Written Answers. - Hospital Waiting Lists.

Breeda Moynihan-Cronin

Question:

83 Mrs. B. Moynihan-Cronin asked the Minister for Health and Children if he will provide details of the hospital waiting lists per speciality and hospital as at 31 December 1998; the precise action which he has taken on foot of the expert group's report on the waiting list initiative; the outcome of this action; and if he will make a statement on the matter. [1948/99]

Joe Higgins

Question:

94 Mr. Higgins (Dublin West) asked the Minister for Health and Children the funds, if any, he has set aside for the implementation of the medium term recommendations for 1999 arising from the report of the review group of the waiting list initiative. [1871/99]

Liz McManus

Question:

100 Ms McManus asked the Minister for Health and Children the number of people on hospital waiting lists at the latest date for which figures are available; the corresponding figures for the same date in 1998 and on 1 July 1997; the steps, if any, being taken to reduce waiting lists and deal with the crisis in hospitals having regard to the period that people are having to spend on trolleys awaiting treatment in a number of hospitals; if, in particular, his attention has been drawn to reports that an elderly man spent 56 hours on a trolley awaiting admission to Beaumont Hospital; his views on claims by the Irish Hospital Consultants Association that lives could be at risk from the crisis; and if he will make a statement on the matter. [1846/99]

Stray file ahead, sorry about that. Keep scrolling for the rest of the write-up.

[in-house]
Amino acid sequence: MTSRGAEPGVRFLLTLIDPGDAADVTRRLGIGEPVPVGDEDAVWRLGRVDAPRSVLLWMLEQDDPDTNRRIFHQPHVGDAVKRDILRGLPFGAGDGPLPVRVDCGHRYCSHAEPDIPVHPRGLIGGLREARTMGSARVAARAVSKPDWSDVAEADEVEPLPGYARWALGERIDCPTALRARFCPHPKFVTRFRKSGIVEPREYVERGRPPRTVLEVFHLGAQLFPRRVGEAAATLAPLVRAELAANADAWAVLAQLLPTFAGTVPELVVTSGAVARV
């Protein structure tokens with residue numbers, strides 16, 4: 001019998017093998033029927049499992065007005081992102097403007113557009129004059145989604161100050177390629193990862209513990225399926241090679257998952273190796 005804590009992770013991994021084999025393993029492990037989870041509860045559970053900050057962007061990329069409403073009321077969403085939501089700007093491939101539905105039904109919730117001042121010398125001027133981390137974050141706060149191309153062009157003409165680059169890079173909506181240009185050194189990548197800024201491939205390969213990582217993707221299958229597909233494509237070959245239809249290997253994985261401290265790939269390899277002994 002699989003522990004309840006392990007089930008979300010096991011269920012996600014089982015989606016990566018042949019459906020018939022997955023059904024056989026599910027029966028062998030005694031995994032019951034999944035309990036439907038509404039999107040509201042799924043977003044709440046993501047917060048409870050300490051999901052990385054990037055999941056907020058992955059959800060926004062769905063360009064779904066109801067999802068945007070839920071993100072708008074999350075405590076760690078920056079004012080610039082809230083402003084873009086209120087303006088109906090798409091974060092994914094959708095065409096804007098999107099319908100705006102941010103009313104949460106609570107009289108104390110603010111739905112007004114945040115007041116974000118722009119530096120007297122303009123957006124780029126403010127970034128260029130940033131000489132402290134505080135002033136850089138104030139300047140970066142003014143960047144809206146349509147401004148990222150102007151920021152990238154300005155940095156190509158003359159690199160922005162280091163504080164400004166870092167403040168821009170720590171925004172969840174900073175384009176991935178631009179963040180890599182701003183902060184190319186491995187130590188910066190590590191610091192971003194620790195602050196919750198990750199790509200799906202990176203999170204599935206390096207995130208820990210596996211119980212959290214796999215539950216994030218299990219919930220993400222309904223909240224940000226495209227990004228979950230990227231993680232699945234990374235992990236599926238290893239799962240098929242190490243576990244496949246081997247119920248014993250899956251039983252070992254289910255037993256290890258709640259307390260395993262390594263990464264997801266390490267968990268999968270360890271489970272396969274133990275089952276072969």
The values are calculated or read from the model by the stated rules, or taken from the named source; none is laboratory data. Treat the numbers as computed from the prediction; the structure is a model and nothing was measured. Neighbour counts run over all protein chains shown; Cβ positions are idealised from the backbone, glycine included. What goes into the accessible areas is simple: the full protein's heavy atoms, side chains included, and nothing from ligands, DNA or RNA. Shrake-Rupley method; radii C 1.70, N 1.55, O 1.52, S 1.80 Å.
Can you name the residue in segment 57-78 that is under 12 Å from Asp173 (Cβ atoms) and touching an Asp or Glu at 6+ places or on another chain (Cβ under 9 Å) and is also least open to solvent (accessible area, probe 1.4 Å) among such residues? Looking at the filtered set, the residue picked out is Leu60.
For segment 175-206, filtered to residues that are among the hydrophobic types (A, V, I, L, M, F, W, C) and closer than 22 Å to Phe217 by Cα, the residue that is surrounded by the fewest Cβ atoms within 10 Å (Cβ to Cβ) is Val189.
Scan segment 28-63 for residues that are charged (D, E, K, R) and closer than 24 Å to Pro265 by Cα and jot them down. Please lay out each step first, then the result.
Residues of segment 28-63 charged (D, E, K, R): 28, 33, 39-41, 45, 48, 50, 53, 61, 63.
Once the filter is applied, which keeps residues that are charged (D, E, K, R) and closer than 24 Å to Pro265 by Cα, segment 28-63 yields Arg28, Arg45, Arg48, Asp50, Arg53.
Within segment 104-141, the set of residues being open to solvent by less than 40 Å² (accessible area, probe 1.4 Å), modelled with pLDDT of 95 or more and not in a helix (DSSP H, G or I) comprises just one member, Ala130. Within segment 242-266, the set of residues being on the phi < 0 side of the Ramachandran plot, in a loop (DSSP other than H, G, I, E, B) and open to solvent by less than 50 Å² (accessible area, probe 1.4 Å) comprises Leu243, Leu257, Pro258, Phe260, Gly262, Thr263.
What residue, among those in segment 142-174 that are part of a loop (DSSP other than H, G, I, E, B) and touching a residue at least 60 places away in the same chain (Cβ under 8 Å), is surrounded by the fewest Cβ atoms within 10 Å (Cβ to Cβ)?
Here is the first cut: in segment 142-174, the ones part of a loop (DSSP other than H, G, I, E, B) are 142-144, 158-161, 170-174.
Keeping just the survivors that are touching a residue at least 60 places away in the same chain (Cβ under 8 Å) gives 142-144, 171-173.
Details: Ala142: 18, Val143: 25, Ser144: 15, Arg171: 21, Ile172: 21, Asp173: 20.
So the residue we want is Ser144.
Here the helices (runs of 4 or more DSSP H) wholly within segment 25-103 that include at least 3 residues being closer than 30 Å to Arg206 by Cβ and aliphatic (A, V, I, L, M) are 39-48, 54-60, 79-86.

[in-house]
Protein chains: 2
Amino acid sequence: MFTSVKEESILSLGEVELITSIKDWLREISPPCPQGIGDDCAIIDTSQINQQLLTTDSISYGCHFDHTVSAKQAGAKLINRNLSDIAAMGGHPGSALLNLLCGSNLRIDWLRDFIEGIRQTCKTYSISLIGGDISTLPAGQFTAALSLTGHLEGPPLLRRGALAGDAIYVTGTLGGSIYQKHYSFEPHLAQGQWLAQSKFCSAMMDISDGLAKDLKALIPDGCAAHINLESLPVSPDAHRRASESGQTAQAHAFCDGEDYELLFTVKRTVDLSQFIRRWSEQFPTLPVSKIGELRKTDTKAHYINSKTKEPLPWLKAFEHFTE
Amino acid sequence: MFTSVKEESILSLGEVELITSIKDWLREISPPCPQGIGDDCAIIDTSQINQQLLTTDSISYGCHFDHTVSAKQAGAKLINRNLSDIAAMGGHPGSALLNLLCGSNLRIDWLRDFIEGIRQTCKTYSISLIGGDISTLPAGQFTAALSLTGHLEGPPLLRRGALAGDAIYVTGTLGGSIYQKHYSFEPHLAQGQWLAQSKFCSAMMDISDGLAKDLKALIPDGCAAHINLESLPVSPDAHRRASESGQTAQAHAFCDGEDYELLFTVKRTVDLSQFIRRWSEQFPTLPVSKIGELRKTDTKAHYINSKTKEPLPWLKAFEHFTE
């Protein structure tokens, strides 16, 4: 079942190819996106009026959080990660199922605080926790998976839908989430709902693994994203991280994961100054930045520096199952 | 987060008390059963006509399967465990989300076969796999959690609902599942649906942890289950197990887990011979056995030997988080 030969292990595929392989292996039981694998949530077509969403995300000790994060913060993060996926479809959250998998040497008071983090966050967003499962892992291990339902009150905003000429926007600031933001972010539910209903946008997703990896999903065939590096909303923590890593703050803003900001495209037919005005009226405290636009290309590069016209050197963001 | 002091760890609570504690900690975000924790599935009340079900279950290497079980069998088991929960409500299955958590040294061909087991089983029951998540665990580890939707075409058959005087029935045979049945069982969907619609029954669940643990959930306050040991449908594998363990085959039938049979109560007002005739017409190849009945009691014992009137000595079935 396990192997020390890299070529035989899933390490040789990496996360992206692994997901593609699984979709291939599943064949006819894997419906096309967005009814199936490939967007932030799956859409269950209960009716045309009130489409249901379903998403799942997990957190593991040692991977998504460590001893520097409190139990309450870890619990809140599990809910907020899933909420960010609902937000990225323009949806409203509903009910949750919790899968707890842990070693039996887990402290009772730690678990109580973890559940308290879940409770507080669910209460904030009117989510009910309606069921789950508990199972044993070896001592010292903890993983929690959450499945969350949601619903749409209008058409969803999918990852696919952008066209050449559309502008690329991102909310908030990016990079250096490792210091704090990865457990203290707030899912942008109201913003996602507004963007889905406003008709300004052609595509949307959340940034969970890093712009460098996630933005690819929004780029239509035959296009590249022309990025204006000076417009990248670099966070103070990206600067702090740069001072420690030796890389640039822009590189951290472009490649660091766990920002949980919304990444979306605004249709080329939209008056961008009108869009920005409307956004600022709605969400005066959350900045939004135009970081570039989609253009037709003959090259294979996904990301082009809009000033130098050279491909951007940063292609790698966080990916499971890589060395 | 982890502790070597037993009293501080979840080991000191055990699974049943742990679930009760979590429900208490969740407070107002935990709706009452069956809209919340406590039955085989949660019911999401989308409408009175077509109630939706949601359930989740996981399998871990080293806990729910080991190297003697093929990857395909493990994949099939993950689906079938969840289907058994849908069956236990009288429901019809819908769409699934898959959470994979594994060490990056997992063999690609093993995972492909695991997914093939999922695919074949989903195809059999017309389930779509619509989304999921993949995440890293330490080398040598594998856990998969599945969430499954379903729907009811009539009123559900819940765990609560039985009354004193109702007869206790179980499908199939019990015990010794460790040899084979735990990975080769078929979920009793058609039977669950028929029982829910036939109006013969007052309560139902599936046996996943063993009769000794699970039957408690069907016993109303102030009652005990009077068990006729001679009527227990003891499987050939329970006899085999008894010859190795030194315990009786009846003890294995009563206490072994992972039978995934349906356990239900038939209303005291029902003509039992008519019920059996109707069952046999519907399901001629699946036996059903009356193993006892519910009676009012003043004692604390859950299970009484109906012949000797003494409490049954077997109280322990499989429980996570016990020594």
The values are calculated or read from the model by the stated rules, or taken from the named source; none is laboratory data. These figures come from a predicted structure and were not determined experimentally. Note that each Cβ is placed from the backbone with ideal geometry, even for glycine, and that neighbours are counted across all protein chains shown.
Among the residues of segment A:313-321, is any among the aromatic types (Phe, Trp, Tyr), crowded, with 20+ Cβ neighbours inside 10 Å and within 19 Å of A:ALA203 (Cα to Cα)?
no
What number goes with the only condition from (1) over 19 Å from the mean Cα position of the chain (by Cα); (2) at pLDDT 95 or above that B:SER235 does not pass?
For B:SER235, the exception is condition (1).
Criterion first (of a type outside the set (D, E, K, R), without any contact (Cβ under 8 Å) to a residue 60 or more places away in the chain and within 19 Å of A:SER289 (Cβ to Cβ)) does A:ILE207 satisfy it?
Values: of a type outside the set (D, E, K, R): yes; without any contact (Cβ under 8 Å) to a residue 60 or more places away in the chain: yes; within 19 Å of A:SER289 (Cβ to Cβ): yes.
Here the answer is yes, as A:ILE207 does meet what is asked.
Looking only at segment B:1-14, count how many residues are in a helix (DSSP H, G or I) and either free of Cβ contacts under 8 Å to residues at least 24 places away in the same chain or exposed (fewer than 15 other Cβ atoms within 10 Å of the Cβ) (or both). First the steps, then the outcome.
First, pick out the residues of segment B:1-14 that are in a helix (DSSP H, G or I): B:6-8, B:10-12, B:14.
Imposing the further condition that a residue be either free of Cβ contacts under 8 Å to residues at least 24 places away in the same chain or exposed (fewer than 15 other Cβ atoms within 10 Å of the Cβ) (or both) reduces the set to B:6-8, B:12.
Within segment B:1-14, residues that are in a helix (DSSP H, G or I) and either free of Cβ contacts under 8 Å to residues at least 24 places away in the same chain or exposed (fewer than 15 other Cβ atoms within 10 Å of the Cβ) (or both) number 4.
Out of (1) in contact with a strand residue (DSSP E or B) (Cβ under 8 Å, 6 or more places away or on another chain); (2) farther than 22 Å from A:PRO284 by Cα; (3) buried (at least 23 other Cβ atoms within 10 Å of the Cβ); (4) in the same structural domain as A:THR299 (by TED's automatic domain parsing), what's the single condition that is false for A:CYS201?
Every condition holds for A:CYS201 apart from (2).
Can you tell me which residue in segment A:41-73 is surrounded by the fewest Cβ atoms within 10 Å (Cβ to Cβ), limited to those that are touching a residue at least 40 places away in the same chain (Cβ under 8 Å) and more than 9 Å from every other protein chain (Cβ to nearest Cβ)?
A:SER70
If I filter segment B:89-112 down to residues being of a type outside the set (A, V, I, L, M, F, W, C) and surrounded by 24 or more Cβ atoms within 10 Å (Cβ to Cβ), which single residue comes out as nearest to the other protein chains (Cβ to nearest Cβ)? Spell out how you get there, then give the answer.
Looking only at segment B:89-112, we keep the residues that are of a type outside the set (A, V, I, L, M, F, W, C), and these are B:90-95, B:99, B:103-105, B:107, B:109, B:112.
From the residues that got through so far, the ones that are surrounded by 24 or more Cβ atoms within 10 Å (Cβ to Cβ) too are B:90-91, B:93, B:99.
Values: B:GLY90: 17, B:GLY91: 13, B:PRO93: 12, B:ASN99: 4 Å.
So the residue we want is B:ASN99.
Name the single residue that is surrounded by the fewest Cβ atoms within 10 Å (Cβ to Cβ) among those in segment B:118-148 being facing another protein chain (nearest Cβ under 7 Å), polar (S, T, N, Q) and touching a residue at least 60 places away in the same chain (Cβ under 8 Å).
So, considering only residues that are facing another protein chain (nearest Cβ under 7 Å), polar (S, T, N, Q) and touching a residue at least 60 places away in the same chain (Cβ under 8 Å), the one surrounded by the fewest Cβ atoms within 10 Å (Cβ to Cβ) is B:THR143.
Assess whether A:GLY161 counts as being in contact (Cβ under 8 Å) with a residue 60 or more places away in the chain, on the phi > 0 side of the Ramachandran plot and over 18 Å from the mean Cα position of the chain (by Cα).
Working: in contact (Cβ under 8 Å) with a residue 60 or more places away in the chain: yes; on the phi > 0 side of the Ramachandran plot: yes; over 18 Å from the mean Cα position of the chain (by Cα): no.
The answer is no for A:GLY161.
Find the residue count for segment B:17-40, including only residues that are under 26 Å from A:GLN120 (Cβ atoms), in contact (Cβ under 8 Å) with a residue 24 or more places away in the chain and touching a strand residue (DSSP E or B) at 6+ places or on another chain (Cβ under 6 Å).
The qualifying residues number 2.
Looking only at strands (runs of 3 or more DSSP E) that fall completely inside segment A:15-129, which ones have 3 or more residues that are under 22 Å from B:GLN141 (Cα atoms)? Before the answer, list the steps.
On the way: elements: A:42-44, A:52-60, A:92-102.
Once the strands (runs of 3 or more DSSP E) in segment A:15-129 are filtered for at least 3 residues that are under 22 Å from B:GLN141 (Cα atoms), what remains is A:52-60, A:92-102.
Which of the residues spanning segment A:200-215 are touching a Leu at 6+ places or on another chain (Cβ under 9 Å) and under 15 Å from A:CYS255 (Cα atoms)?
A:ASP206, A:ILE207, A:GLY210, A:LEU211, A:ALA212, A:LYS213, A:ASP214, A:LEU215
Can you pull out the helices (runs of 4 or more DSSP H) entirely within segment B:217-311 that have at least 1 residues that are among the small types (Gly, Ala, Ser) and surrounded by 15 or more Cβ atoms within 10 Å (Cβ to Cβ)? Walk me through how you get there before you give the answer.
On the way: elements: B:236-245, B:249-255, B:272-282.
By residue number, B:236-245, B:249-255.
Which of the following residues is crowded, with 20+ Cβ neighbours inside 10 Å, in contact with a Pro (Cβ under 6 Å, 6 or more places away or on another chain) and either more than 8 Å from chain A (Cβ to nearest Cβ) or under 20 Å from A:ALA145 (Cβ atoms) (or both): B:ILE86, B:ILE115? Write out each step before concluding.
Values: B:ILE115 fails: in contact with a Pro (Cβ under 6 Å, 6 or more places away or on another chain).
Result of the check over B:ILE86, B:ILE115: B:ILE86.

Thomas P. Broughan

Question:

126 Mr. Broughan asked the Minister for Health and Children if he will set targets for reducing hospital waiting lists in order that adults will not have to wait longer than 12 months and children no longer than six months as he has already indicated would be desirable; the estimated cost implications of achieving such targets; and if he will make a statement on the matter. [1919/99]

Derek McDowell

Question: